McLaren’s fixation with reducing mass is seen throughout the 765LT Spider. In addition to the weight lost from the titanium exhaust and forged alloy wheels, the vehicle’s glass is thinner, and a lithium-ion battery has been fitted. Even the suspension springs are crafted from lightweight alloys. And there is no carpeting. The automaker has even eliminated the air conditioning and audio system (both are no-cost add-ons). The fixation has paid off, as the 765LT Spider tips the scales 176 pounds lighter than the 720S Spider. In addition, McLaren offers its Super-lightweight carbon fiber race seats for those even more obsessed – the vehicle’s dry weight drops to a nearly unfathomable 2,818 pounds.
A handful of automakers offer supercars equally performance-focused. Still, it’s a challenge to find others as adept at tuning the machinery to near-perfection – from a driver’s standpoint, the 765LT Spider is almost faultless.
McLaren says the Spider will accelerate from a standstill to 60 mph in just 2.7 seconds (keep your foot down, and it will hit 124 mph after 7.2 seconds have elapsed). The performance figures put the vehicle in an elite category. Yet, on public roads, those numbers are challenging to achieve as the V8’s power is volatile – during the first few minutes of driving, the engine’s output has to be managed with kid gloves, or the rear wheels spin on the pavement.
Yet once the fluids are warm and the tires up to temperature (that pertinent information is displayed on the instrument cluster), the Spider is nothing short of stunning. Mash the accelerator pedal, and the engine responds immediately. Turbo lag is non-existent – just head-snapping acceleration as the rear tires claw for grip. The 2022 McLaren 765LT Spider is one of the only road-legal vehicles that cannot accept 100 percent throttle for more than two seconds as velocities blur into illegal territory.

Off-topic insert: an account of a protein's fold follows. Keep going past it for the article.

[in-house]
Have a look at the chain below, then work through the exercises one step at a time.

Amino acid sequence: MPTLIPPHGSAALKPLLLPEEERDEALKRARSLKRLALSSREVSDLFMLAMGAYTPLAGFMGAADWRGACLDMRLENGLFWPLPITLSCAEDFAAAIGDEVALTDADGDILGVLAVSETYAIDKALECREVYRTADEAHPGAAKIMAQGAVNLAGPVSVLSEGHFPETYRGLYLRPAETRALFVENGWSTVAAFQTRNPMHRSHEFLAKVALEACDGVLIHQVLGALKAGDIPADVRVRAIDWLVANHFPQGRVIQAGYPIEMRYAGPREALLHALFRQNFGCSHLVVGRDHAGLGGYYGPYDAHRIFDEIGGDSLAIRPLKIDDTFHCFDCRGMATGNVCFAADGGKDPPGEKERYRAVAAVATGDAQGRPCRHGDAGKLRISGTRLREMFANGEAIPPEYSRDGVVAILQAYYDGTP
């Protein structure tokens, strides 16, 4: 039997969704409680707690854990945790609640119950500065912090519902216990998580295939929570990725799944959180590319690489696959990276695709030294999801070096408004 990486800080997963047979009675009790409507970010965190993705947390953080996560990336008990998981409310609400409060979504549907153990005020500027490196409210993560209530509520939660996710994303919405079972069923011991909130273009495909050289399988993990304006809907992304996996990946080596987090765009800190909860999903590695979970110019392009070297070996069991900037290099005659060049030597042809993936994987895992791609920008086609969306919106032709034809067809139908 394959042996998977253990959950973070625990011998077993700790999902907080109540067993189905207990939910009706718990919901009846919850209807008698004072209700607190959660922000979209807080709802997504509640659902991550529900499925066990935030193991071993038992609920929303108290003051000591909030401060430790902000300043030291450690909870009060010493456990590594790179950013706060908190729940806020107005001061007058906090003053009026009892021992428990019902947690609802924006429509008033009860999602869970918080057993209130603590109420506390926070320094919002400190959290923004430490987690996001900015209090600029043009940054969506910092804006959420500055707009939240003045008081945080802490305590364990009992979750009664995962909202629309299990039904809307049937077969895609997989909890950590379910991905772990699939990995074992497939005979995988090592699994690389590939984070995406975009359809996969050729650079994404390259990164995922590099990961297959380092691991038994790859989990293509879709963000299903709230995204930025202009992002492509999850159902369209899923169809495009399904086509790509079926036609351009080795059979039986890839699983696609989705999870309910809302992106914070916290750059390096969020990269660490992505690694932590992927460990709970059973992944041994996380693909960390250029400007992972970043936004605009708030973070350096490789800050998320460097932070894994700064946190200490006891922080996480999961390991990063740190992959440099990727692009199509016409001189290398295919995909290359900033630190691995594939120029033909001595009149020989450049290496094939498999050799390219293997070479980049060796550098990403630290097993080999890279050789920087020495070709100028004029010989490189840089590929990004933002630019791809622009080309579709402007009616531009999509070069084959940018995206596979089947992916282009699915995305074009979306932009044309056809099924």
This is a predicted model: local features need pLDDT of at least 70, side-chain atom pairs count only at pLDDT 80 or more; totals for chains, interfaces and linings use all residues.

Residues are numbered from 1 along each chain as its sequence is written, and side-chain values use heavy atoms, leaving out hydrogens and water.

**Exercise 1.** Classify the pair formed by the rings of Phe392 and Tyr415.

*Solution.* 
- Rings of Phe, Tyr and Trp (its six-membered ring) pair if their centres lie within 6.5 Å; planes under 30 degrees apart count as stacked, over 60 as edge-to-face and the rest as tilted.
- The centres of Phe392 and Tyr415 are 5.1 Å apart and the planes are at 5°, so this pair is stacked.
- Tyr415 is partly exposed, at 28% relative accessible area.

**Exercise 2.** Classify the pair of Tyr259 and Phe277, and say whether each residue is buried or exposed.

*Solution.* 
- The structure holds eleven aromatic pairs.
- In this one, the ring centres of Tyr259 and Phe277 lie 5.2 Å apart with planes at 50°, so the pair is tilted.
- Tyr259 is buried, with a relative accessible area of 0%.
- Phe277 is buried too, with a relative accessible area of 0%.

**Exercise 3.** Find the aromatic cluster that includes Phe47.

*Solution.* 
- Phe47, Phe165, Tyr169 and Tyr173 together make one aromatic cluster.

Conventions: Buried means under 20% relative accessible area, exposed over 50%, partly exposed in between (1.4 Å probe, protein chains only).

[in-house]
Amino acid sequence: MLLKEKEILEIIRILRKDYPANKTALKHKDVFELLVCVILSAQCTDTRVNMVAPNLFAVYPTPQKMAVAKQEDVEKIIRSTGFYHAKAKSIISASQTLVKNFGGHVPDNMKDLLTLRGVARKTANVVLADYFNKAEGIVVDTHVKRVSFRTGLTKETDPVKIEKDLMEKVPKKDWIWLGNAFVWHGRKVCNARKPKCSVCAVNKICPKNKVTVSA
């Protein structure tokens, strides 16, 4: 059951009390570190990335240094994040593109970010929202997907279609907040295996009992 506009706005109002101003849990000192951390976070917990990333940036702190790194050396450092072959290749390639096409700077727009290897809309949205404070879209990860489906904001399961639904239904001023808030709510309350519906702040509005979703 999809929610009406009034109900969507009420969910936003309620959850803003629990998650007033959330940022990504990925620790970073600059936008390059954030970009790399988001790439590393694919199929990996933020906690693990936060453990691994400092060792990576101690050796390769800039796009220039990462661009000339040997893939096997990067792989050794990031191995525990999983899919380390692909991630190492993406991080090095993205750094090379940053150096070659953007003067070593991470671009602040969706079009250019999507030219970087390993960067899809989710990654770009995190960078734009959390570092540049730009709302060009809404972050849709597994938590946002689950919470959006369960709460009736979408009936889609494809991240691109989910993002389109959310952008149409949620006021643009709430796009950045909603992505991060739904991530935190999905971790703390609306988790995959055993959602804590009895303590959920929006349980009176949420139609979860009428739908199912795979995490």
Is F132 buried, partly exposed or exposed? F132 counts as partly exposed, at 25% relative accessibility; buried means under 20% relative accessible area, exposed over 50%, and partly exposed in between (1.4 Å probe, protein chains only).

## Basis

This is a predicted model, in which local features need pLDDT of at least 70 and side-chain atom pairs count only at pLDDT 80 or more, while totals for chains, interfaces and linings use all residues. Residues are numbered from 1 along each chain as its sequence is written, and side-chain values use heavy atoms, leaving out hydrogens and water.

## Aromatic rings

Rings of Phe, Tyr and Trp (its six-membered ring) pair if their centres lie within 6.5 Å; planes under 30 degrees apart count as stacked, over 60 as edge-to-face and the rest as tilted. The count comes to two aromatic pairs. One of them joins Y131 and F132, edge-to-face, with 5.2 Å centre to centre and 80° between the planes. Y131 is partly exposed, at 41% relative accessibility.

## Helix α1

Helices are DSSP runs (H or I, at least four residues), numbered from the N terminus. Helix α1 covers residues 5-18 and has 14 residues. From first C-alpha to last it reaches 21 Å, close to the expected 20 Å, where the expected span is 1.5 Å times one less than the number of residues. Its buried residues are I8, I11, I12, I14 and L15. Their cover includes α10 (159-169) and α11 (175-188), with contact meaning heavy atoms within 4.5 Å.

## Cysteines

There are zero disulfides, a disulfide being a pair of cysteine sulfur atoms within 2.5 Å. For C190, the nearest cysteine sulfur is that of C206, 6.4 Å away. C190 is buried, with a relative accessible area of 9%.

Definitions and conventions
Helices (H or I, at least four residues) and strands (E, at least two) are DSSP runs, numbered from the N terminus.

Turn-in is immediate, with scalpel-like accuracy, with one of the most communicative steering systems ever put on a mechanized vehicle. There is zero body roll and no understeer – only an instantaneous change of direction as the front tires mimic following a rail embedded in the asphalt. The vehicle’s low mass translates to immediacy as every control input, whether accelerating, steering, or braking, occurs within a microsecond of the request (the driver is given the impression that the 765LT can slalom at speed between the tightly spaced reflectors on the highway). No other roadgoing vehicle responds or handles this dutifully – it borders on telekinetic.
While the 765LT Coupe is equally almighty in terms of sheer driving dynamics, the 765LT Spider advances the supercar experience by retracting its roof and exposing its passengers to the sounds of the turbochargers whooshing, the smell of the blooming flowers on the side of the road, and the visceral engagement as the wind rushes through their hair – the Spider is, as the British say, the “Full Monty.”
As expected, obtaining the highly desirable McLaren 765LT Spider isn’t easy. The first year’s production has already been spoken for, and the balance of just 765 worldwide units will likely be scarce (coming up with the $382,000 base price is arguably the easiest part of the acquisition). But it’s worth it. And now is the time, as this pinnacle of combustion-powered supercars will be a $1 million collectible within the next decade.